Oli Juliusson from Hafnarfjardur in Iceland was a fisherman for ten years, before deciding on a change of career.
Oli first came across the Chippendale school on the internet and says that it seemed “authentic and real.”
The pieces that Oli made during his year with us all pay homage to the hard lives experienced by Icelandic fishermen.
The design flourishes that he incorporated into his pieces also included a bit of his own DNA.
That’s no bad thing in a woodworker because it lends honest originality to craftsmanship.
More than anything, it really does put the bespoke into fine furniture.
Oli’s first piece was a beautifully-crafted olive ash table, which he named The Dolphin, after the fishing vessel he sailed on.
The design of the table’s legs reflected the architecture of the ship’s gallows. That’s the arched structure at the rear of the ship (pictured above).
That spirit of the high seas was also reflected in a chair that allows you to sit in the crest of a wave.
Its upper section, formed from fourteen pieces of steam-bent olive ash, sat on oak legs.
They formed a sinuous shape that was both tactile and beguiling.
Oli’s approach to furniture design is a compelling one, linking his pieces to a seafaring tradition and a buying audience.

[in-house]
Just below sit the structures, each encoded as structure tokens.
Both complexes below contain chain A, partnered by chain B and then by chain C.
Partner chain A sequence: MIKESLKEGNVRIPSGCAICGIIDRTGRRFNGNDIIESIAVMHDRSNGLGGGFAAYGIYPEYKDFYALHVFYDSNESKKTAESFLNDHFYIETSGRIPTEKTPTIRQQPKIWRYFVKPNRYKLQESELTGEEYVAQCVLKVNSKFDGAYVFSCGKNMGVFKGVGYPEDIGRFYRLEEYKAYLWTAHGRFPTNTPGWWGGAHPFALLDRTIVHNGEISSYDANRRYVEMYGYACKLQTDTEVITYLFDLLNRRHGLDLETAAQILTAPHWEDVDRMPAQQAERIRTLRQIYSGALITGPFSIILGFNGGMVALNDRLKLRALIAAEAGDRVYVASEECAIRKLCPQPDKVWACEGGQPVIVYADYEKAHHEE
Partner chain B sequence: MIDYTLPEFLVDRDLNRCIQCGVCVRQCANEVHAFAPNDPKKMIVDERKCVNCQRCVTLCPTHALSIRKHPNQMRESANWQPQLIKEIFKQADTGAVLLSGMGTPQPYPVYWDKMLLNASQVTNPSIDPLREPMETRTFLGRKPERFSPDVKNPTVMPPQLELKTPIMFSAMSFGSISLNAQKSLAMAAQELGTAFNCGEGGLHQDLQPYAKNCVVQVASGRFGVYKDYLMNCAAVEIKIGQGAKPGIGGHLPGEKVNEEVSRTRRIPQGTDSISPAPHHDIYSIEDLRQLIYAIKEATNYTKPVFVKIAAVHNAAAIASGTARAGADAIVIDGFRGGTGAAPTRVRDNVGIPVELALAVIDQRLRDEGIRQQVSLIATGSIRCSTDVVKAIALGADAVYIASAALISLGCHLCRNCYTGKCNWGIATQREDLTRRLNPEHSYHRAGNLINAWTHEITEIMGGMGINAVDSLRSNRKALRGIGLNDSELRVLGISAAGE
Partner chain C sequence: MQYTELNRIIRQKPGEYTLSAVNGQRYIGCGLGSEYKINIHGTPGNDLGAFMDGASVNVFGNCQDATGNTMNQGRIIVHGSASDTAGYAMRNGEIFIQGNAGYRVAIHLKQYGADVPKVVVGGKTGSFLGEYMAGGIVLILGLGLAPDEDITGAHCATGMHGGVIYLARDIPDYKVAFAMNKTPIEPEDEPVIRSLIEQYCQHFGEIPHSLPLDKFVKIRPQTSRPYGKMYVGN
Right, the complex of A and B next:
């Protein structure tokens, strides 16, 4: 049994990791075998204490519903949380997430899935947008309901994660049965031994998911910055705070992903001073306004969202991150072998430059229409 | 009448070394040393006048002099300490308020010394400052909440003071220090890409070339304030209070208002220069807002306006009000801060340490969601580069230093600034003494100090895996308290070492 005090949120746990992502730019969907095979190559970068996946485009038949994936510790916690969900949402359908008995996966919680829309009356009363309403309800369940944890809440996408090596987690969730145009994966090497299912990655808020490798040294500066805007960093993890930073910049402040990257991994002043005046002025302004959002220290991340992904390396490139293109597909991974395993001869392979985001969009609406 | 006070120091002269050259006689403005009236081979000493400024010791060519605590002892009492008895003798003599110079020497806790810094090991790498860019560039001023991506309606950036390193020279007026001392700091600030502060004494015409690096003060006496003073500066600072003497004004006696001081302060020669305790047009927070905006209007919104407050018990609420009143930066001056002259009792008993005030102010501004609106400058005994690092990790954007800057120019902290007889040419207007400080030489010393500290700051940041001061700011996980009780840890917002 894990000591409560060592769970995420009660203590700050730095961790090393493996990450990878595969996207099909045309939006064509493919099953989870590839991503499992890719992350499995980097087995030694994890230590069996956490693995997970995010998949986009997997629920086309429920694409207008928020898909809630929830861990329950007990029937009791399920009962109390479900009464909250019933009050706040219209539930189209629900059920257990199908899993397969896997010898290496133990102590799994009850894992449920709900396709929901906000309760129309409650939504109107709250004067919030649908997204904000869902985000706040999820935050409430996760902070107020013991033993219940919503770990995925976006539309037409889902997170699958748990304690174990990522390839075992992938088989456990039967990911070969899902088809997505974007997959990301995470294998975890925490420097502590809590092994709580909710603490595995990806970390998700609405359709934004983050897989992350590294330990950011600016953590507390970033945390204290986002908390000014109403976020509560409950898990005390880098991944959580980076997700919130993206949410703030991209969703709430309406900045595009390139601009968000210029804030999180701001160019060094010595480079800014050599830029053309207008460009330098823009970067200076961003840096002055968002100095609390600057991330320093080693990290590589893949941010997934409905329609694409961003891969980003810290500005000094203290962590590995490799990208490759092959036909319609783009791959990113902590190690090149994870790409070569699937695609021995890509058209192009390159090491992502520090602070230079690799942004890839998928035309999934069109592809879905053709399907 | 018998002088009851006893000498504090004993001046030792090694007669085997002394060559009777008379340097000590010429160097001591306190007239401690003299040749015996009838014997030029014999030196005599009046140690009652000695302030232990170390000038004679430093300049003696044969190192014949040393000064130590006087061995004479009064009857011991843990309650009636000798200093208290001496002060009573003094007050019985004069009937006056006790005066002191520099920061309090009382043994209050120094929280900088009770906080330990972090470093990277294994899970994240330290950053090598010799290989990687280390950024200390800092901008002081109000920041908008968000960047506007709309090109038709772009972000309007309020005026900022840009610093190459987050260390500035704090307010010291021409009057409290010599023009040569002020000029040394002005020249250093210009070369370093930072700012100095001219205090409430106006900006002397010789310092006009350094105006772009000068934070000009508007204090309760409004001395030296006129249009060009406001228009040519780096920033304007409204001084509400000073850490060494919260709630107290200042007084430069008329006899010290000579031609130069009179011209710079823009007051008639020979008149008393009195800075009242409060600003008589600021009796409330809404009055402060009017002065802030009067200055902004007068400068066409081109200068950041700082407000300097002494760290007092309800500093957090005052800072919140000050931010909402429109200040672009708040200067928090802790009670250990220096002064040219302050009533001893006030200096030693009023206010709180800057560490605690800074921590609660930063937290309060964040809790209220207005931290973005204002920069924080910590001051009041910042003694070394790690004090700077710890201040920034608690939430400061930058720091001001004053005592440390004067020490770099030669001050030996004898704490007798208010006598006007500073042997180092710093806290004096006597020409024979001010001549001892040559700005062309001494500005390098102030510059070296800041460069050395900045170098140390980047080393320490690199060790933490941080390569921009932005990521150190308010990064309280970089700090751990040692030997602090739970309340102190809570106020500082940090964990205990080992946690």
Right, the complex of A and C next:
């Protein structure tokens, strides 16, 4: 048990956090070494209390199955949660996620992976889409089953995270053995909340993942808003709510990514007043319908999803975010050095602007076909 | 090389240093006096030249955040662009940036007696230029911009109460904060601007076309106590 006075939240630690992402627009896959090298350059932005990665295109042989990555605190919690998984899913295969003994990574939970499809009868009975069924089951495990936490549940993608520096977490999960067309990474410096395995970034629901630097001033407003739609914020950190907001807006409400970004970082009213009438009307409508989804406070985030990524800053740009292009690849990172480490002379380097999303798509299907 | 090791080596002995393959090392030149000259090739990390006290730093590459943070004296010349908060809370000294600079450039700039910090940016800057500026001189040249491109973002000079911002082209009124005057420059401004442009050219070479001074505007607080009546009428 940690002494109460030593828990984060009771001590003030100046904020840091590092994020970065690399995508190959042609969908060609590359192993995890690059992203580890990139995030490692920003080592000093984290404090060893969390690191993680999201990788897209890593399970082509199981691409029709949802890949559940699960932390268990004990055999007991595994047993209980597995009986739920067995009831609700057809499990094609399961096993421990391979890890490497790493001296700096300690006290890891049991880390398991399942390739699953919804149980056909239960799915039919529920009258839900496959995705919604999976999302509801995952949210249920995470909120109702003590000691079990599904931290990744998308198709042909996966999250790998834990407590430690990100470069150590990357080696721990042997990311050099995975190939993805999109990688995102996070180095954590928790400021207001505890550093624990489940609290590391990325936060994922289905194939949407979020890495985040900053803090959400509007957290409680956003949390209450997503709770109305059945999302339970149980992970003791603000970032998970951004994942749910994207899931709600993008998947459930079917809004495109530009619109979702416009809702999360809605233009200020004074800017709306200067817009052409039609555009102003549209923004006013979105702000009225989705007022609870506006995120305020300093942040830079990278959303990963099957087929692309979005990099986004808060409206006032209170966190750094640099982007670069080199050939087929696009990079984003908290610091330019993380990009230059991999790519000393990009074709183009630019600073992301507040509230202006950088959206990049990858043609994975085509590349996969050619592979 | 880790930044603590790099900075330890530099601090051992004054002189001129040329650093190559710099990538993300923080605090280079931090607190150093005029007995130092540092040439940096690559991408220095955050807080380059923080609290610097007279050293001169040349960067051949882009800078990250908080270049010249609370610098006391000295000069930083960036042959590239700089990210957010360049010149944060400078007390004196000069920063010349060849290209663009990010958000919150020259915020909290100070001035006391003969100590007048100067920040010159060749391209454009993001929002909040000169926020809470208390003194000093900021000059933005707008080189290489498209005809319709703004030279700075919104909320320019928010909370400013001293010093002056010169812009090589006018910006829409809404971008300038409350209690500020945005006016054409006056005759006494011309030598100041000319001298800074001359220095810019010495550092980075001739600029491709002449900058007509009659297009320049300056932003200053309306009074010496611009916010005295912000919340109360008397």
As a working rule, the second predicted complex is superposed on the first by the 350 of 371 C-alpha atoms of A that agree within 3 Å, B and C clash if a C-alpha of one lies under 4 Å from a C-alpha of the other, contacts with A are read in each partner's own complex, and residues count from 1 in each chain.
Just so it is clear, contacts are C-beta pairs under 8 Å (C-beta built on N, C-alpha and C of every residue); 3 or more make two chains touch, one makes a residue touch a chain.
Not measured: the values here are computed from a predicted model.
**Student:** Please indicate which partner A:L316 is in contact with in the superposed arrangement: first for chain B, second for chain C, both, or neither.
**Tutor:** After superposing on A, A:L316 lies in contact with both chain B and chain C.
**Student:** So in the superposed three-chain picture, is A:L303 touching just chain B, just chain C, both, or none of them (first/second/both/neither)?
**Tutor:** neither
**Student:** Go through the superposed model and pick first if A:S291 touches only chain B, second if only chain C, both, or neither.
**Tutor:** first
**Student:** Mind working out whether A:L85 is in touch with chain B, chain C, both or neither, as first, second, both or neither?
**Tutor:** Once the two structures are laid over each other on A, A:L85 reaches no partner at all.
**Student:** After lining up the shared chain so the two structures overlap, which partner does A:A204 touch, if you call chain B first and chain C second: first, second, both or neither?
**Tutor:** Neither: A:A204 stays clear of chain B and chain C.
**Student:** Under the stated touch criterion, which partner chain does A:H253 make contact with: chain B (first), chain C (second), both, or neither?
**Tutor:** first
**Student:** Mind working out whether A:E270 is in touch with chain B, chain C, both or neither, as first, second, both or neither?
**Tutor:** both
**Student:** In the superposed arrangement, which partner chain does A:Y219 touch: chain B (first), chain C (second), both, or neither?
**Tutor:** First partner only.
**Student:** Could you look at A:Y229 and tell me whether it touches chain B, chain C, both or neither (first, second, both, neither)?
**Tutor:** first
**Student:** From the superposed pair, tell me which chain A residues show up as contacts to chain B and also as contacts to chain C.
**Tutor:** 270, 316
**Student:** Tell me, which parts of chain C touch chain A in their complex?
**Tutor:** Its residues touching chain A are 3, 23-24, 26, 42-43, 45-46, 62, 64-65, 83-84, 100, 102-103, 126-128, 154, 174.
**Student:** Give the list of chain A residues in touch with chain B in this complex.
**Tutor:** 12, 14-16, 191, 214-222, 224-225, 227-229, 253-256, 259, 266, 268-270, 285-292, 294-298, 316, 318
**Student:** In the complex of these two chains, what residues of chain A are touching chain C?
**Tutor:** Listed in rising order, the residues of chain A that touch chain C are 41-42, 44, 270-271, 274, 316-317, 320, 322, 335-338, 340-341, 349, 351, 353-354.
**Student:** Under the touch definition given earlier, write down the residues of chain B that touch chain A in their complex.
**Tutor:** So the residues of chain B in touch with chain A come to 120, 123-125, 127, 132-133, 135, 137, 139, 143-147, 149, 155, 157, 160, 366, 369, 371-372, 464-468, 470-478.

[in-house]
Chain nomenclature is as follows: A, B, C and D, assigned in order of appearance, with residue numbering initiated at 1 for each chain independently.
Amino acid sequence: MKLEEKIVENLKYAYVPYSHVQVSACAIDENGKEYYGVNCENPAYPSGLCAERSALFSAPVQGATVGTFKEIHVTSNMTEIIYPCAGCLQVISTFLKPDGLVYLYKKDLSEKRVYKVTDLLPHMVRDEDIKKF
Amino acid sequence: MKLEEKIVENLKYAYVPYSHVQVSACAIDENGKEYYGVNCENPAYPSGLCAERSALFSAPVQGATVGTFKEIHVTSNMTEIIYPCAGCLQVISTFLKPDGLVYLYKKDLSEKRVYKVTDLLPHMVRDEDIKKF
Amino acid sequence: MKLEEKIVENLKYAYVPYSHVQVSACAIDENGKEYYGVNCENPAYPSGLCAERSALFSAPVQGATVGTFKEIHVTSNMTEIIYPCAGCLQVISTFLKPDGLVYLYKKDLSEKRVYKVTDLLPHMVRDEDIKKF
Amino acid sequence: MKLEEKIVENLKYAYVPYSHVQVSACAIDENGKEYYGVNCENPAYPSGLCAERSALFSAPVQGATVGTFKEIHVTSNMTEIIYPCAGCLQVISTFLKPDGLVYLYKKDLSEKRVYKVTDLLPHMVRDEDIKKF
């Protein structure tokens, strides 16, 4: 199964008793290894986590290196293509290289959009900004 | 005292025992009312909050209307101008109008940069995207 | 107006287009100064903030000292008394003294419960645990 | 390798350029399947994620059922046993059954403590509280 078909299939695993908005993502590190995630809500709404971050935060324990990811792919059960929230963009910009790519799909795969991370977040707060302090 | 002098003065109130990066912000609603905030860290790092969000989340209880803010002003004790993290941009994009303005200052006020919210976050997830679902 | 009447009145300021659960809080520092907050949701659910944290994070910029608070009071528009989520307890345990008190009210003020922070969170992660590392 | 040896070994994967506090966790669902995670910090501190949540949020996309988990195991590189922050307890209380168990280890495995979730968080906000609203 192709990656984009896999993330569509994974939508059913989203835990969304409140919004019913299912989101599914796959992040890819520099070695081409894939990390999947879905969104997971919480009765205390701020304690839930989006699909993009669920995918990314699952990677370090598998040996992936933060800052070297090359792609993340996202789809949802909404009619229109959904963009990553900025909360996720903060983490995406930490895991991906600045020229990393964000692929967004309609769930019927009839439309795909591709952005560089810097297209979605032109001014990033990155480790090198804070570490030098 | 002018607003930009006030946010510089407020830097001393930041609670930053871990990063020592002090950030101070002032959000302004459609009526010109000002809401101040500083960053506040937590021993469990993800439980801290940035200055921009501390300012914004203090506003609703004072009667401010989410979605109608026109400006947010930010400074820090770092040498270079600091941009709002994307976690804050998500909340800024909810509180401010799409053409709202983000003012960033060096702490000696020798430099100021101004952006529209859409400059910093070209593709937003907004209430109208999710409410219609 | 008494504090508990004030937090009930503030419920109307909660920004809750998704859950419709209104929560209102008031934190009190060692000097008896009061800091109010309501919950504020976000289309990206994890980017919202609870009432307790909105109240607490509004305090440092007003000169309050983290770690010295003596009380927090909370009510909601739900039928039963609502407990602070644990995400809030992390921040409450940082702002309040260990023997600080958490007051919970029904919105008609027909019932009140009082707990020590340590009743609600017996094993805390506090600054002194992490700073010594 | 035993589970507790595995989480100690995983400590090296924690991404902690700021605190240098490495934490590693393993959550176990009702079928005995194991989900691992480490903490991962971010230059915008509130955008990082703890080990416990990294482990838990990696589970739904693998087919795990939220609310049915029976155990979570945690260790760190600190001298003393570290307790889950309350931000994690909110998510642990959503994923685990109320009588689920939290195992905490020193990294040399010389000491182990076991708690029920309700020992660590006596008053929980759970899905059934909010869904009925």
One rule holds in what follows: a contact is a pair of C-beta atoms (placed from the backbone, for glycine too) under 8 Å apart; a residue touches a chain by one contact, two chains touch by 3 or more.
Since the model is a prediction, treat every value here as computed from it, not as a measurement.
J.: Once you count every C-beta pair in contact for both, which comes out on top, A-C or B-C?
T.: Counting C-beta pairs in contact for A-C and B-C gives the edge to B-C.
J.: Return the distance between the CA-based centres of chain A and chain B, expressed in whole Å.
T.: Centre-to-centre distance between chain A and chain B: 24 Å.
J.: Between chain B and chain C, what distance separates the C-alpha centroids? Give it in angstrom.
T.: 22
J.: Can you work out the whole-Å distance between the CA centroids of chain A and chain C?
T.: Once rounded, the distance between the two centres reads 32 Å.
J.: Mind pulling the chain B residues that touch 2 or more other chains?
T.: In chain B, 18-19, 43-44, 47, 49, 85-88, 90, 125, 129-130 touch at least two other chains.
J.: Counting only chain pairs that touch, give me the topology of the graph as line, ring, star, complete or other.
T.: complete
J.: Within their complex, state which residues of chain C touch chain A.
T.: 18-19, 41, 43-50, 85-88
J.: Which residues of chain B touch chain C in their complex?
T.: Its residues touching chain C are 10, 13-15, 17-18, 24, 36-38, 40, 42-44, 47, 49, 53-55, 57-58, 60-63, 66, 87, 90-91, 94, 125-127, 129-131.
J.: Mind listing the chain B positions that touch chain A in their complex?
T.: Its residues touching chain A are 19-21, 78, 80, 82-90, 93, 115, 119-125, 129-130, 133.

It’s also his way of making his furniture designs unique to him, and retelling a little of his own past in everything he does.
At Christmas, Oli treated us all to a taste of Kæstur hákarl which is Icelandic for…um…fermented shark.
It’s a national dish, made from Greenland or sleeper shark. It’s cured using a fermentation process and hung to dry for four to five months.
Helping the fermented shark go down, Oli also treated us to a shot of Icelandic schnapps. It’s considered to be his country’s signature liquor, made from fermented potato mash.
It is also sometimes called Svarti dauði, meaning Black Death, although we all survived.
Oli has now returned to his native Iceland to combine a life at sea with a parallel career as a furniture designer on dry land.